Missed on Water Security Pact
could spell trouble for international agreement to safeguard
Great Lakes Bulletin News Service
Posted on 09/27/2002
Governors and Canadian premiers, who have been working
on a far-reaching agreement to ensure that international
trade agreements, diversions, and other 21st century threats
do not drain the Great Lakes, missed a self-imposed deadline
in June to open the water-security pact for public review,
state officials have confirmed.
The missed deadline, say state executives and environmental
leaders, almost certainly means even more significant
delays in completing comprehensive safeguards for Great
Lakes water, which has come under a new generation of
risks caused by demographic, climatic, and geopolitical
"We're not going to make it," said Matt Hare,
the natural resources and environmental policy coordinator
for Michigan's Republican Governor John Engler. "We've
got 10 different jurisdictions and I could give you 10
different reasons why but we have a very challenging project
and we have encountered a number of issues that have forced
us to slow down and be more thorough."
The missed deadline affects the so-called "Annex
2001" agreement, an important new provision of the
Great Lakes Charter, which the eight Great Lakes states
and two Canadian provinces signed in 1985 to manage the
world's largest supply of surface fresh water.
Work on the new provision to the charter began in 1998
to counter powerful new global trends, which have made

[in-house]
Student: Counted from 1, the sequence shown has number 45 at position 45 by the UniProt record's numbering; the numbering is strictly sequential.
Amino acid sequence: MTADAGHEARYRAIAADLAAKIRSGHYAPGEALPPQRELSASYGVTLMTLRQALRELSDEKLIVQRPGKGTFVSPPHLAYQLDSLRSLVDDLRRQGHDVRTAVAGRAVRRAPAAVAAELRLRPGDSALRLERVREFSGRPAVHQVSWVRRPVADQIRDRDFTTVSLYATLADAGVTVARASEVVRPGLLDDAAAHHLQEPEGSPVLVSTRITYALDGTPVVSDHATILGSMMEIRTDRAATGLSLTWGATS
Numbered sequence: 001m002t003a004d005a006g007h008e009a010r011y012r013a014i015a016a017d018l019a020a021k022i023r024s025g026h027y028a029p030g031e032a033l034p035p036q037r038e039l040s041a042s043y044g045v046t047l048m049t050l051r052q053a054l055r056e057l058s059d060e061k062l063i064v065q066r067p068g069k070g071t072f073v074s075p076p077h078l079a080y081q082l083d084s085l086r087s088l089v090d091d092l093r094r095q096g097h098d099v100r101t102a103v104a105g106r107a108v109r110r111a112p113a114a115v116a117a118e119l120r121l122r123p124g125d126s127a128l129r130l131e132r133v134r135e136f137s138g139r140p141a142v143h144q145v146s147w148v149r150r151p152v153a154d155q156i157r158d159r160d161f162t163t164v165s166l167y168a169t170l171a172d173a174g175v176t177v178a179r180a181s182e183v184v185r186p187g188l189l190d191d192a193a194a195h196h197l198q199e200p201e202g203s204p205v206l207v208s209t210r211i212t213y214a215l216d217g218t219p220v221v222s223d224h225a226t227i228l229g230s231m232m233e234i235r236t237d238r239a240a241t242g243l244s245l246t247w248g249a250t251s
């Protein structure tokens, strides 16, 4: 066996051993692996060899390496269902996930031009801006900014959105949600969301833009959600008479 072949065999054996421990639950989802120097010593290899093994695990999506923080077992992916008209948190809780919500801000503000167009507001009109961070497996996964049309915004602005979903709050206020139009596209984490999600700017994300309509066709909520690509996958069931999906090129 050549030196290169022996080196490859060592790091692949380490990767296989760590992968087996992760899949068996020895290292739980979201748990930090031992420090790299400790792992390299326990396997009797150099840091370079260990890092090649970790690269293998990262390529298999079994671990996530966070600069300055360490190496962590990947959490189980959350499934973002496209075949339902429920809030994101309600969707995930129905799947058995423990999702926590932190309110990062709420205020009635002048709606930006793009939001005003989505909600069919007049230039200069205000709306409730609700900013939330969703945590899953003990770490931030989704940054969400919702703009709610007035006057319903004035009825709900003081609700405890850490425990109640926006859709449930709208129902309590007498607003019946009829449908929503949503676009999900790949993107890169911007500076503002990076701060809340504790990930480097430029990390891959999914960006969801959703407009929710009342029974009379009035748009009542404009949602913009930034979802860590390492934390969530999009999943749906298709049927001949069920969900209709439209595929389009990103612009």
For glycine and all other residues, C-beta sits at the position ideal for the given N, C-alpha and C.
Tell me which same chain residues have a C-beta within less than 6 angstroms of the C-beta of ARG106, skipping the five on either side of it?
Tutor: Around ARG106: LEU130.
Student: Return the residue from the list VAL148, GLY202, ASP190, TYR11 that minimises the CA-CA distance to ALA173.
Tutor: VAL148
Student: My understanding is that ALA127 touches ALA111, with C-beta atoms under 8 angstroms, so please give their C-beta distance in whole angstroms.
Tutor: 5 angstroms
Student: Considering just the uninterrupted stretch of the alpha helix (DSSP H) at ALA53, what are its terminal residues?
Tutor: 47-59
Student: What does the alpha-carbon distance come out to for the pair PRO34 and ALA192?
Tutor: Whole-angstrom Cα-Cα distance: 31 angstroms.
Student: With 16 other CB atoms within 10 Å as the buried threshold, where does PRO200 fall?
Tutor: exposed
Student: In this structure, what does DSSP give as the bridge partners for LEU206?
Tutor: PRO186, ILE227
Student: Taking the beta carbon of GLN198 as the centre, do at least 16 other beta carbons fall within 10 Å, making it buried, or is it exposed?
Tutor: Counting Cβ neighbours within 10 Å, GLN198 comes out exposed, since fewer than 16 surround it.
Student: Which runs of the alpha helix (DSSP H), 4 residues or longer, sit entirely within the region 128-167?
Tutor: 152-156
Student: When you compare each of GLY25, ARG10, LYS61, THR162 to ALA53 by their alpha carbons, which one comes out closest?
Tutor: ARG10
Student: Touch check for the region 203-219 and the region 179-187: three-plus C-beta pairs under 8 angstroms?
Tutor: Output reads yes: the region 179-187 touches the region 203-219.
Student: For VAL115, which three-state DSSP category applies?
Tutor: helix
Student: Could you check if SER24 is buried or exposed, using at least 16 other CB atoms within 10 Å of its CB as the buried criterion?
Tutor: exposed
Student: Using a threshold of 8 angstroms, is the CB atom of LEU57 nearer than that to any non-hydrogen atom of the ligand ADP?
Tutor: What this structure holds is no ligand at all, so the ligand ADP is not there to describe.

clean, fresh water an increasingly scarce and valuable
resource. Among them are international trade laws, which
make it easier for private corporations to gain control
of public natural resources.
Negotiators from the eight Great Lakes states and two
Canadian provinces spent more than two years to develop
a novel system for reviewing and approving water withdrawals.
The proposed agreement is based on three key principles:
- Conservation is good and should accompany future
- A withdrawal should not - either individually or cumulatively
- harm the Great Lakes ecosystem.
- A proposed withdrawal should actually improve the
Great Lakes ecosystem.
The governors and premiers agreed on these overarching
principles in June 2001 - thus the name of the water security
pact. They also agreed to make them more specific and
present a more detailed proposal for public review by
the end of June 2002. They wanted to formally adopt a
revised agreement by November 2002, before gubernatorial
elections in seven of the eight Great Lakes states alters
the region's leadership and causes lengthy delays.
It is not yet clear how missing the June deadline will
affect ratification of Annex 2001, said government officials
and observers. Under the best case scenario, the delay
provides negotiators more opportunity to develop an even
more solid and legally defensible plan to guide future
water use decisions, as well as build broad-based political
and citizen support for its implementation.
"Annex 2001 is an astounding document," said
Reg Gilbert, the senior coordinator for Great Lakes United,
an international coalition founded in 1982 to preserve
and protect the Great Lakes and St. Lawrence River ecosystem.
"The system it proposes for judging water withdrawals